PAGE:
Bomb attacks hit three churches in Indonesia


The radical Islamist, who had wanted to fight with the Islamic State group in Syria, injured four people.

National police spokesman Setyo Wasisto announced that police fatally shot four suspected militants and arrested two others early ON Sunday in West Java.

The first explosion took place at Santa Maria Tak Bercela Church.

Churches in other cities, such as in Bandung, were guarded by police during mass.

Last May, two suicide bombers attacked a bus station in Indonesia's capital Jakarta, killing at least three police officers and wounding six officers and five civilians, with authorities suspecting ISIS involvement.

In 2000 bombs disguised as Christmas gifts delivered to churches and clergymen killed 19 people on Christmas Eve and injured scores more across the country. The Islamic State group claimed responsibility.

More than 90% of Indonesians are Muslim, but there are also significant populations of Christians, Hindus and Buddhists.

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The detonations ocurred within 10 minutes of each other.

The U.S. State Department designated JAD as a terrorist group in January 2017. A large blast was heard hours after the attacks, which Mangera said was a bomb disposal squad "securing" a remaining device.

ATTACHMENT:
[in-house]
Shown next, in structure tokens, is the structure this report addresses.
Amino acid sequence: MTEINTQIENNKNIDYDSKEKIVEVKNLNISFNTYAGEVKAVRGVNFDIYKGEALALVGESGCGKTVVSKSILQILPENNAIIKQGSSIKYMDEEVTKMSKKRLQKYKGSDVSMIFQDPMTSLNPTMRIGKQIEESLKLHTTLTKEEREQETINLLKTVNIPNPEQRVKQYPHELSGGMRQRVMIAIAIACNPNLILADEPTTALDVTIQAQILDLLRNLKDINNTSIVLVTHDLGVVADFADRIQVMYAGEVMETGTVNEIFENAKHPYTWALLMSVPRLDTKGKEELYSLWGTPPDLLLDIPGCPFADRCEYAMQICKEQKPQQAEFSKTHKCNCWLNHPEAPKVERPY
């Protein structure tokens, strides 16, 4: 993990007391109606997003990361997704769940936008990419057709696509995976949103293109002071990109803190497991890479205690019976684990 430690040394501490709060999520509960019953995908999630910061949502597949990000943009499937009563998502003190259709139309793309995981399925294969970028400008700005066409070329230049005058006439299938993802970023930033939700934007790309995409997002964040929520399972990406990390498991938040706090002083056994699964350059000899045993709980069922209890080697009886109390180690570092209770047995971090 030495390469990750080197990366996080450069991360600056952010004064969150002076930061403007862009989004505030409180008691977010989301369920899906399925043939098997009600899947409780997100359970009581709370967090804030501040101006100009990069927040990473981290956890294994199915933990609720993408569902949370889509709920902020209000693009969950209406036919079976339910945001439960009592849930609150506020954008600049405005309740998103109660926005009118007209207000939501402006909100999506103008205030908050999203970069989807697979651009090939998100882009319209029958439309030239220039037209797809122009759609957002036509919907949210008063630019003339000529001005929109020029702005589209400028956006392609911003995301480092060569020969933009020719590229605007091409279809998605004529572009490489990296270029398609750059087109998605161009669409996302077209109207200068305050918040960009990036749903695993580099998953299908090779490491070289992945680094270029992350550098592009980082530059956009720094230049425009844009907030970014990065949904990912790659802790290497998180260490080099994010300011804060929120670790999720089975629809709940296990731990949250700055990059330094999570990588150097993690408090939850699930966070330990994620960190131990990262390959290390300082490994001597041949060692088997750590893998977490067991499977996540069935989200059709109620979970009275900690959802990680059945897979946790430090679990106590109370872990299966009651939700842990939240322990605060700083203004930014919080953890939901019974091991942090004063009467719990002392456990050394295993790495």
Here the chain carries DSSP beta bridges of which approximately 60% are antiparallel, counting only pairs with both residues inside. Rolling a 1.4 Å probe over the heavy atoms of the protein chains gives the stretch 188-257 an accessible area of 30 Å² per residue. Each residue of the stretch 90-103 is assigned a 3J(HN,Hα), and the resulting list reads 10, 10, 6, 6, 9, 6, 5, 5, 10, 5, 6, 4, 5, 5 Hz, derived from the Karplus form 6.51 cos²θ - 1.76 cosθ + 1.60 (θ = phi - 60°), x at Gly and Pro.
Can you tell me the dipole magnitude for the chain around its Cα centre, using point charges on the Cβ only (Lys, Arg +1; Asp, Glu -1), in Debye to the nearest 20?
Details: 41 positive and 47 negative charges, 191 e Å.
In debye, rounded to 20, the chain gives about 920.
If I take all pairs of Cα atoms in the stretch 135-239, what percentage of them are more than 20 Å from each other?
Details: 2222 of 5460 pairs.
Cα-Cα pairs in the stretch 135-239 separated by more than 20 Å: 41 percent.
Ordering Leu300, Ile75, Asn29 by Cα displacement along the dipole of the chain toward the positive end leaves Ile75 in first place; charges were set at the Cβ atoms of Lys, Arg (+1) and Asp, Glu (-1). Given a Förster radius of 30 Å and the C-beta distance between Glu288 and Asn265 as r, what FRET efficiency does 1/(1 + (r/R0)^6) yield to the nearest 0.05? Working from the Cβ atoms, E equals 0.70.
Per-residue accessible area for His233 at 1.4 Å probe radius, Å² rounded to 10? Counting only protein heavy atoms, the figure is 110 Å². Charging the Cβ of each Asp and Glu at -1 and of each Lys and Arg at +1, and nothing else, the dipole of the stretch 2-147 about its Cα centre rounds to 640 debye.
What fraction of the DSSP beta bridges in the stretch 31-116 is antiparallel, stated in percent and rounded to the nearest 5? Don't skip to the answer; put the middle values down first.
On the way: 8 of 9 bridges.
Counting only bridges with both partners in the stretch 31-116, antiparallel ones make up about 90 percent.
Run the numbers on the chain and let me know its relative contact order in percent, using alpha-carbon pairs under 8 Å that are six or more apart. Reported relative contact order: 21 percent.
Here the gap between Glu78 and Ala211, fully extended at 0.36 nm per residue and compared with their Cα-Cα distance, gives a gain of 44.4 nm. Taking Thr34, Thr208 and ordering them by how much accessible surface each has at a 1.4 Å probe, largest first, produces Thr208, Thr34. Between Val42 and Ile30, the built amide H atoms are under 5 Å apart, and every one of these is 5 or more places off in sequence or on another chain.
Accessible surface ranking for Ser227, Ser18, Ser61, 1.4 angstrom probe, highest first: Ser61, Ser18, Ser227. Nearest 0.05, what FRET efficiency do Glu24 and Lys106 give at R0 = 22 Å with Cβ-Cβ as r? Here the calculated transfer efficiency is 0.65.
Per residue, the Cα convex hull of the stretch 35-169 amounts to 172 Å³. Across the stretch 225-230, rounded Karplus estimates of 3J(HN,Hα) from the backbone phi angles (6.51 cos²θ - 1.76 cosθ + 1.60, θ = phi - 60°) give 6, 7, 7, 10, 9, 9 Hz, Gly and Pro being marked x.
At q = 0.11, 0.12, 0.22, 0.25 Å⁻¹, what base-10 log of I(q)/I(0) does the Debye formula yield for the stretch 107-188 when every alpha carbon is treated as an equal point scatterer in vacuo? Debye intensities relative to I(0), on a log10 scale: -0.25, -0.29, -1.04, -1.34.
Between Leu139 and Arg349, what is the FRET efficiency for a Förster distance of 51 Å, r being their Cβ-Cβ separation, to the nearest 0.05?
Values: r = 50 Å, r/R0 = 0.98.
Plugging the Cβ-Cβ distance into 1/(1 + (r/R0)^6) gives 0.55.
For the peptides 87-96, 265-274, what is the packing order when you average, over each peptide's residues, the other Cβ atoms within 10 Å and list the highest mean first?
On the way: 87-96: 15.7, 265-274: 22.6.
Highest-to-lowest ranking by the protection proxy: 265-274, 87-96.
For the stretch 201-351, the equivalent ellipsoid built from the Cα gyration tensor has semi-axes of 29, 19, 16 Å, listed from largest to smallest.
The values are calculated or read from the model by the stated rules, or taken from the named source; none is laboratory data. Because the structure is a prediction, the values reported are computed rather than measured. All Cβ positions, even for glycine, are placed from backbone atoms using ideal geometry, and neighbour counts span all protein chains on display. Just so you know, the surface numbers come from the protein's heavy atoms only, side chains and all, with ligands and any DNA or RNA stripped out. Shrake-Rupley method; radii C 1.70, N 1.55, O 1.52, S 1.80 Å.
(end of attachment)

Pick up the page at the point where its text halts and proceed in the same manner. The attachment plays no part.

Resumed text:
Police ordered the temporary closure of all churches in Surabaya on Sunday, and a large food festival in the city was cancelled.

- May 2018: Five police officers and a prisoner are killed in clashes at a high-security jail that saw Islamist inmates take an officer hostage.

A sustained crackdown weakened the most risky networks but the emergence of IS has proved a potent new rallying cry for radicals.

Investigators are on the alert, saying that the organization may be planning more attacks. But former National Counterterrorism Agency (BNPT) chief Ansyaad Mbai said the bombings in Surabaya could be linked to the riot that occurred at a detention center at the National Police's Mobile Brigade headquarters (Mako Brimob) in Depok, West Java.